Joe Biden was hoping to deal a debilitating blow to leftist rival Bernie Sanders on Tuesday as six states including crucial Michigan began voting in the Democratic presidential primaries.
A week after his startling turnaround in the "Super Tuesday" primaries, the centrist former vice president in the Obama administration is hoping another big night could make him invincible as the Democrats pick a challenger to face President Donald Trump in November.
Sanders has acknowledged that Michigan is critical and like Biden has spent days barnstorming the state, one of three where Trump in 2016 pulled off narrow upsets that won him the White House.
Biden and Sanders are both septuagenarian veterans of the Senate but are running starkly different campaigns. Biden, who enjoys a sizable lead in polls, advocates a traditional Democratic platform of liberal legislative reforms while Sanders is urging a roots-up socialist revolution.
Artist and designer Cecilia Covington, 61, was the first person to vote in Precinct 123 in downtown Detroit, braving the darkness and a cold drizzle as she arrived at Chrysler Elementary School well before it opened as a polling station at 11:00.
Covington has been a Biden fan from the start of his campaign, which began with two crushing defeats before his convincing win in South Carolina.
"When he wasn't doing well in the polls I was really concerned," she admitted. "But when he won the South Carolina primary I put my confidence back in him."
"We've got to get '45' out of office," she said, referring to the current president.
The primaries come with the US, like much of the world, roiled by the coronavirus epidemic that has infected almost 800 people across the country and killed 26.
Washington state, which has borne the brunt of the crisis, votes entirely by mail.
The Centers for Disease Control and Prevention has offered guidance on cleaning voting machines and other technology for the other states voting. Among them, only Missouri had confirmed a case by Tuesday according to Johns Hopkins University.
Idaho, Mississippi, and North Dakota were also voting.
But the day's top prize is Michigan, with its large delegate haul, status as a swing state and demographics that mirror the United States, with rural, urban and suburban bases and a sizable minority community.
Biden - the faithful deputy for eight years to Barack Obama, the first black president - has been surging with strong backing from African Americans.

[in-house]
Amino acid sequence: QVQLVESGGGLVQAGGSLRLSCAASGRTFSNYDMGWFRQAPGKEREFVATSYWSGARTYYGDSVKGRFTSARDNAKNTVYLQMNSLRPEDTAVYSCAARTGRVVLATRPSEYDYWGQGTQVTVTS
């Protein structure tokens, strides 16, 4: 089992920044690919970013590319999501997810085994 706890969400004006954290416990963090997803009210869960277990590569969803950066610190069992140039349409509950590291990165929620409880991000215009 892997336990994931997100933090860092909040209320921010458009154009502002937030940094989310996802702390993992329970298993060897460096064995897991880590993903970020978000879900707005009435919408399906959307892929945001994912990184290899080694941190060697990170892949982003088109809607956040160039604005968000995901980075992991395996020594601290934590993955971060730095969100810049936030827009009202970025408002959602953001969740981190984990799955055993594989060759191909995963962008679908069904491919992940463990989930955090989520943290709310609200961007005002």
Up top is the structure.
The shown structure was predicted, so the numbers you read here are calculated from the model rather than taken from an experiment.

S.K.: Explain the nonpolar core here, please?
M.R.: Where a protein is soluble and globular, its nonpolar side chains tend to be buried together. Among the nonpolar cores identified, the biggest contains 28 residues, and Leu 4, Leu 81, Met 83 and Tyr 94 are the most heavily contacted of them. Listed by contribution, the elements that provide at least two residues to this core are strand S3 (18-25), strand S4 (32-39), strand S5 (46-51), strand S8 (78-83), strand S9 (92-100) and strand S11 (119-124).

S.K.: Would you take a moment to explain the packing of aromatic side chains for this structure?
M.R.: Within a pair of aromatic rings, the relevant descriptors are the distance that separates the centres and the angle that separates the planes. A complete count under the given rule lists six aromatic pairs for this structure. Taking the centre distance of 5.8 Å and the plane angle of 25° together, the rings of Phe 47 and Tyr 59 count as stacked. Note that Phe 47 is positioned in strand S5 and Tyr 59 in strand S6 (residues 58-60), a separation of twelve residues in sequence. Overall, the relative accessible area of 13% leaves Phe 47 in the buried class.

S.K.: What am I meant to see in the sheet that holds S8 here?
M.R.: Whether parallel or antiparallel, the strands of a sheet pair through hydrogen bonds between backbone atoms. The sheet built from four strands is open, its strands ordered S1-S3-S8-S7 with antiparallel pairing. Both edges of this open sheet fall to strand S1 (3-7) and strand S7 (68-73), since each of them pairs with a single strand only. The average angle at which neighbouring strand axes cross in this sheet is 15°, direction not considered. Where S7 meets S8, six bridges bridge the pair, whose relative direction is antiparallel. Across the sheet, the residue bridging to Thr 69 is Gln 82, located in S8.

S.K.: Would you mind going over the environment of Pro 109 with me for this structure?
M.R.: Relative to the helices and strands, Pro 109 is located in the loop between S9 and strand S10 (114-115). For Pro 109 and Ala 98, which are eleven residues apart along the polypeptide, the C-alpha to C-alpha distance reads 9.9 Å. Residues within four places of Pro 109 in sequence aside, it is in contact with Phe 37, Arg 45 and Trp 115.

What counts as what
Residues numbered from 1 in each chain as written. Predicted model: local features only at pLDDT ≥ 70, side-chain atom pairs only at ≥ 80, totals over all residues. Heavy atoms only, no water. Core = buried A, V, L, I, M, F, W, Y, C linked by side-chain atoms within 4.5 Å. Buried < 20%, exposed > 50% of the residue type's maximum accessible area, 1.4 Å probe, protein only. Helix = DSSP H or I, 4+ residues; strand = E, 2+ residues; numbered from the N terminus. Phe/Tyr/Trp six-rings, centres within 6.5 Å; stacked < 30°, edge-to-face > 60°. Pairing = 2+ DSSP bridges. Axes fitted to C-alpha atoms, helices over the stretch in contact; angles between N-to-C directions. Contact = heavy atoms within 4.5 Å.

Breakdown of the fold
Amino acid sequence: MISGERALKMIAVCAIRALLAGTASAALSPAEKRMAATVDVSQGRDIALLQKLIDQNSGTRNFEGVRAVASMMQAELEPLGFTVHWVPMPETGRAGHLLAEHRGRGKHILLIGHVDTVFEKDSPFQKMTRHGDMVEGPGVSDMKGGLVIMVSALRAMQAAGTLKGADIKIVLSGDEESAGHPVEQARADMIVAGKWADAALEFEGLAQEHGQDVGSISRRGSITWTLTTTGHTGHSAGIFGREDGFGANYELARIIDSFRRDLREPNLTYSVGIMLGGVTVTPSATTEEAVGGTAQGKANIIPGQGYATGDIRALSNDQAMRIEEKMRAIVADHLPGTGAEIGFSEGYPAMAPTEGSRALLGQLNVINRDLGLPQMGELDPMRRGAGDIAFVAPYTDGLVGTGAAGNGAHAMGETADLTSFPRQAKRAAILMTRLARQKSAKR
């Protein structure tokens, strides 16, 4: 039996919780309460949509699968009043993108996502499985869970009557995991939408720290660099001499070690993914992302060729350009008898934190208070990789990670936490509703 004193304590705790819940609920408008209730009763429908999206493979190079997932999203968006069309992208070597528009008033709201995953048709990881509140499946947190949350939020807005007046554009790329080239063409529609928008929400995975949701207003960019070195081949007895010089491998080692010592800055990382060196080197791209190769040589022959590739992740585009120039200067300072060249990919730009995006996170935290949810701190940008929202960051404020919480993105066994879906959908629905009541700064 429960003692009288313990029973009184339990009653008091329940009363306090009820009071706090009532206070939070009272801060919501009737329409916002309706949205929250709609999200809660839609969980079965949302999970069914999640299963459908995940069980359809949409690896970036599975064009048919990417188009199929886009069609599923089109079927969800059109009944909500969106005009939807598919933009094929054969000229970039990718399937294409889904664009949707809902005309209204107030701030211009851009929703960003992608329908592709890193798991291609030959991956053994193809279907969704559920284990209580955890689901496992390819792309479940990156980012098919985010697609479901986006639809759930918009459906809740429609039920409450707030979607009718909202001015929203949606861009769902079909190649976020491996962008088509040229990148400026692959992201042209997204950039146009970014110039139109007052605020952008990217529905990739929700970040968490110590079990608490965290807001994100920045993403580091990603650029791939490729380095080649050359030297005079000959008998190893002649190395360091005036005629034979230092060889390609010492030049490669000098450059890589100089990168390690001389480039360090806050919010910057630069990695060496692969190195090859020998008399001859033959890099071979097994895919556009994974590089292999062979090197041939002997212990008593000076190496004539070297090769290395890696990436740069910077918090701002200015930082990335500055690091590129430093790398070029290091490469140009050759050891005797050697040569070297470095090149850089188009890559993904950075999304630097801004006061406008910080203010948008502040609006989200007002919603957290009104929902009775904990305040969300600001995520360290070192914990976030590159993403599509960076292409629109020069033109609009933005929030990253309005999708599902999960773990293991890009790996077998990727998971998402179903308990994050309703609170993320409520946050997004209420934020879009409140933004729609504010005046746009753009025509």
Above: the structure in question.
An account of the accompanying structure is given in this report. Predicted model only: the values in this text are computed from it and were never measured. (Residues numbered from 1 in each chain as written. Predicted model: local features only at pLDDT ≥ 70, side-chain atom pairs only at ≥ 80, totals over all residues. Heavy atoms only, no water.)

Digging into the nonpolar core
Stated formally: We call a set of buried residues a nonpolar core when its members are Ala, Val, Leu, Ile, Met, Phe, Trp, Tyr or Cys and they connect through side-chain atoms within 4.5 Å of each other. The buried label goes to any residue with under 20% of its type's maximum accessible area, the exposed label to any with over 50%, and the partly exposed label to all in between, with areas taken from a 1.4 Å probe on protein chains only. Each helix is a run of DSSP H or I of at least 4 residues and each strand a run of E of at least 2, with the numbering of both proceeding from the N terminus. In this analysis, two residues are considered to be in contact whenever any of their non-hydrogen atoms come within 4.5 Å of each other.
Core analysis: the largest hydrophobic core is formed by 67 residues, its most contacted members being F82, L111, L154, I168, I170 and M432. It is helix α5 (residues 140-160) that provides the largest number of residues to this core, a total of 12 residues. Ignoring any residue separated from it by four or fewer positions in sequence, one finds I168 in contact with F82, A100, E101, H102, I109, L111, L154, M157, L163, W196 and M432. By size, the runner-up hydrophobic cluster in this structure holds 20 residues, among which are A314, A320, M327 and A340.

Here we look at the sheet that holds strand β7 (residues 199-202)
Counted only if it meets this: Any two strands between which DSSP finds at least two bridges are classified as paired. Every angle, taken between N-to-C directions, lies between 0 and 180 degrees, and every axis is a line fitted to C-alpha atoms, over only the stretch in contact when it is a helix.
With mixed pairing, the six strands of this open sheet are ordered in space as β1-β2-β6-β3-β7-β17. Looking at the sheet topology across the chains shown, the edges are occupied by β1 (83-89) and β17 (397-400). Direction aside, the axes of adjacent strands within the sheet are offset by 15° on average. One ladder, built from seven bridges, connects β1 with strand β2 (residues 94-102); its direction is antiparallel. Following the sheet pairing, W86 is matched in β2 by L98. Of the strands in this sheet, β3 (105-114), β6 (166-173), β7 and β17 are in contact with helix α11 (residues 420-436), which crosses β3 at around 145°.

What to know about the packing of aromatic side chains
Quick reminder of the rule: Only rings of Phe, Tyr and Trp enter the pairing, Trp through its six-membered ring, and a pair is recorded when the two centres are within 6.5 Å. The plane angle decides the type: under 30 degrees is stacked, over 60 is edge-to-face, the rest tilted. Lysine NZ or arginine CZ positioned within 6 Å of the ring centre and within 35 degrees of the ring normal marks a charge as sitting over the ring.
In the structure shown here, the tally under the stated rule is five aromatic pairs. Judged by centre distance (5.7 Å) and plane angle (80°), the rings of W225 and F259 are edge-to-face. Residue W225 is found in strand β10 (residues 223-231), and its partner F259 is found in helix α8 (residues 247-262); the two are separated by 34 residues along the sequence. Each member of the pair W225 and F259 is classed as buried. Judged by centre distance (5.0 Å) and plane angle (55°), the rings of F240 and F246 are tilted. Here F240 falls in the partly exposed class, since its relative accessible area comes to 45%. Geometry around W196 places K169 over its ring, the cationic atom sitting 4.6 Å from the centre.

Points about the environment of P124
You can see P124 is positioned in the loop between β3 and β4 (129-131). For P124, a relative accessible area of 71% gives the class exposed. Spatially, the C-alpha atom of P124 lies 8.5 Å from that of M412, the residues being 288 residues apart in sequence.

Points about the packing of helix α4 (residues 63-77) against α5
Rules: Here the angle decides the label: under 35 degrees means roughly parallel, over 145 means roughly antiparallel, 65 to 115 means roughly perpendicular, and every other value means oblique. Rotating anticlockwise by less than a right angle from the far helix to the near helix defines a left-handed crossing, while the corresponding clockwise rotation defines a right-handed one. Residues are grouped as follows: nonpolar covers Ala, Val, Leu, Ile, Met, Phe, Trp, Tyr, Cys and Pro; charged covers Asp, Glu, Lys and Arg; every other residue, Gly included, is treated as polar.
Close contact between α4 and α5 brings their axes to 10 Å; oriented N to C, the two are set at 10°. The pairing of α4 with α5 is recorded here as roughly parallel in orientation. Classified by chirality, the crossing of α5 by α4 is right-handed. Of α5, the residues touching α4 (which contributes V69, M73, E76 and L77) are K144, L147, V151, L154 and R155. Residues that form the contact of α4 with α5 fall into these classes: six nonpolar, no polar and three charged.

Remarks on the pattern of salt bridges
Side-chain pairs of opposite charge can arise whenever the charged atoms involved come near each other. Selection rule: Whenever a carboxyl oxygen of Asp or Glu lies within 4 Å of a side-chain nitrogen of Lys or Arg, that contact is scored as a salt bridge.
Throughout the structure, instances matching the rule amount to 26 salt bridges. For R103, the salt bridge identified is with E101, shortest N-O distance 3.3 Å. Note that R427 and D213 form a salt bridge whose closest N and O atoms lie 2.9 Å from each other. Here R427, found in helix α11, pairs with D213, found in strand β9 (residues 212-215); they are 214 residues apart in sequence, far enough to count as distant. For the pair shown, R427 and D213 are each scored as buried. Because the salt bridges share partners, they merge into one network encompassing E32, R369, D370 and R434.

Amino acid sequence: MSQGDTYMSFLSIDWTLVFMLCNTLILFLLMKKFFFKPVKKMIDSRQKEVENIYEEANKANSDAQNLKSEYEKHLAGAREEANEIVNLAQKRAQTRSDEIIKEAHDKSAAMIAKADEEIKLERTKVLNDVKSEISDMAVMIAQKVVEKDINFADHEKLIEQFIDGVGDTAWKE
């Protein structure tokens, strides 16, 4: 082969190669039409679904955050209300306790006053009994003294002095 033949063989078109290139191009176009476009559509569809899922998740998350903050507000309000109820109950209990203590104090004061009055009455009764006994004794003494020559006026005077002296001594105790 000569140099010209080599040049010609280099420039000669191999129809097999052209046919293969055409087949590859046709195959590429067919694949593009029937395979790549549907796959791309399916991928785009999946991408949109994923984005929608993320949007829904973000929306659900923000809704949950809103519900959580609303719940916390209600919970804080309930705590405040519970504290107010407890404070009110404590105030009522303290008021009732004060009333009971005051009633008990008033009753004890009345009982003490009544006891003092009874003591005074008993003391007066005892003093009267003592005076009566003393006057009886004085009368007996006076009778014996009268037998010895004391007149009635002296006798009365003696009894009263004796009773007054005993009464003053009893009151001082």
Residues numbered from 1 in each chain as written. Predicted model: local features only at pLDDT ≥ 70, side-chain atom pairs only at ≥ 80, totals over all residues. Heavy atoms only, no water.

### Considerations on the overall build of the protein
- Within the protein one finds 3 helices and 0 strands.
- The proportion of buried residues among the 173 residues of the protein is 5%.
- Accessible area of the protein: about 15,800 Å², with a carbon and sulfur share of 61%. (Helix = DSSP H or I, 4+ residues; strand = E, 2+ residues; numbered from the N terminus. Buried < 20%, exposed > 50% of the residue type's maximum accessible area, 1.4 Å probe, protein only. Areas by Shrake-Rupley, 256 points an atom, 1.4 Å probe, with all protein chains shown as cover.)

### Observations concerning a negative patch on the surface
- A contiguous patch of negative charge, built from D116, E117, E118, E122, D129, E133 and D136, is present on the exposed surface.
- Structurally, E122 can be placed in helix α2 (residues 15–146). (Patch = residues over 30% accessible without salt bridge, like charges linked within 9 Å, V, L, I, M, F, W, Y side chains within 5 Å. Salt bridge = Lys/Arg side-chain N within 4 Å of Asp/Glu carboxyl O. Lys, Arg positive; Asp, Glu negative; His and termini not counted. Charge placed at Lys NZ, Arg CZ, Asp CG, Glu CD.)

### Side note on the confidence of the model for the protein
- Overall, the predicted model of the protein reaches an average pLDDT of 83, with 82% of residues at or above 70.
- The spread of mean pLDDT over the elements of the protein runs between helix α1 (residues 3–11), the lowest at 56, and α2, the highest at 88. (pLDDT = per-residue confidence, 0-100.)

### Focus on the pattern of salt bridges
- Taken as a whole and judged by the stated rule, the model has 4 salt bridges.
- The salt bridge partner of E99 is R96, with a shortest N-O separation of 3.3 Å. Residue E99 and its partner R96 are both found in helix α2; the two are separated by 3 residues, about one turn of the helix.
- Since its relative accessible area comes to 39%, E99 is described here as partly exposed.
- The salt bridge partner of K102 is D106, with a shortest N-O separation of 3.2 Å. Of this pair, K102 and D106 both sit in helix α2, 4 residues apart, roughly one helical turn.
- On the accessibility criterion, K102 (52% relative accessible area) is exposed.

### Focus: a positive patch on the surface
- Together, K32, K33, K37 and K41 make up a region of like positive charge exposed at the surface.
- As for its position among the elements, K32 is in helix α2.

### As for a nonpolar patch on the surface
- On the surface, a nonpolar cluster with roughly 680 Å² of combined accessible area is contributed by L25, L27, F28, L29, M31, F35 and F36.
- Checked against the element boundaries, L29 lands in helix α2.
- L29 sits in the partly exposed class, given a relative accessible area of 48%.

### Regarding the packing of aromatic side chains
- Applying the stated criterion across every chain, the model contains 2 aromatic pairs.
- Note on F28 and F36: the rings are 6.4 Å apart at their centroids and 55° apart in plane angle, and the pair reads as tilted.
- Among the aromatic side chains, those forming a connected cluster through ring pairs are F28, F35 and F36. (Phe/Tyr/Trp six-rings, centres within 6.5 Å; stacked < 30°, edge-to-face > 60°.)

Ahead of the Michigan vote, he picked up endorsements from the Senate's two black Democrats, Kamala Harris and Cory Booker, the latest failed presidential candidates to rally behind Biden.
Sanders has won the backing of civil rights leader Jesse Jackson, who ran for president in 1984 and 1988, and has highlighted Biden's support for free-trade deals to win over Michigan's disaffected blue-collar voters, many of whom ditched the Democrats for Trump four years ago.
"We are in a crisis in America, not only in the need to defeat Donald Trump, the most dangerous president in modern American history, but to take on the greed and corruption of corporate elite," Sanders said in an ABC interview.
"That is what our campaign is about. It's very different than Joe's."
Biden has also courted blue-collar workers, highlighting his own hard-knock childhood in Pennsylvania and Delaware and on Tuesday opening the primary day by meeting workers at a Fiat Chrysler plant.
"Wall Street didn't build America, you built America," Biden told a rally in Detroit. "Unions built the middle class."
Biden won 10 out of 14 states that voted on Super Tuesday and holds a narrow lead in delegates to pick the nominee, although Sanders carried the most populous state of California.
Trump has sought to portray Sanders as the victim of a conniving Democratic establishment, a narrative that some experts believe could depress turnout and benefit Republicans.
But Sanders supporter Frank Anderson, a 24-year-old software engineer, said he was optimistic for a victory, noting how Sanders triumphed in the 2016 Michigan primary over Hillary Clinton.
"They had counted us out then, so I'm hopeful for today," Anderson said.
"His consistency over the last 40 years, his policies aimed at, you know, restoring the middle class, and really everything he's been fighting for his entire life, I stand with," he said.
Regardless of the outcome, both Biden and Sanders plan to head Tuesday evening to another Rust Belt state, Ohio, which votes one week later.
The March 17 primary could prove even more decisive with three other major states also voting - Arizona, Florida and Illinois.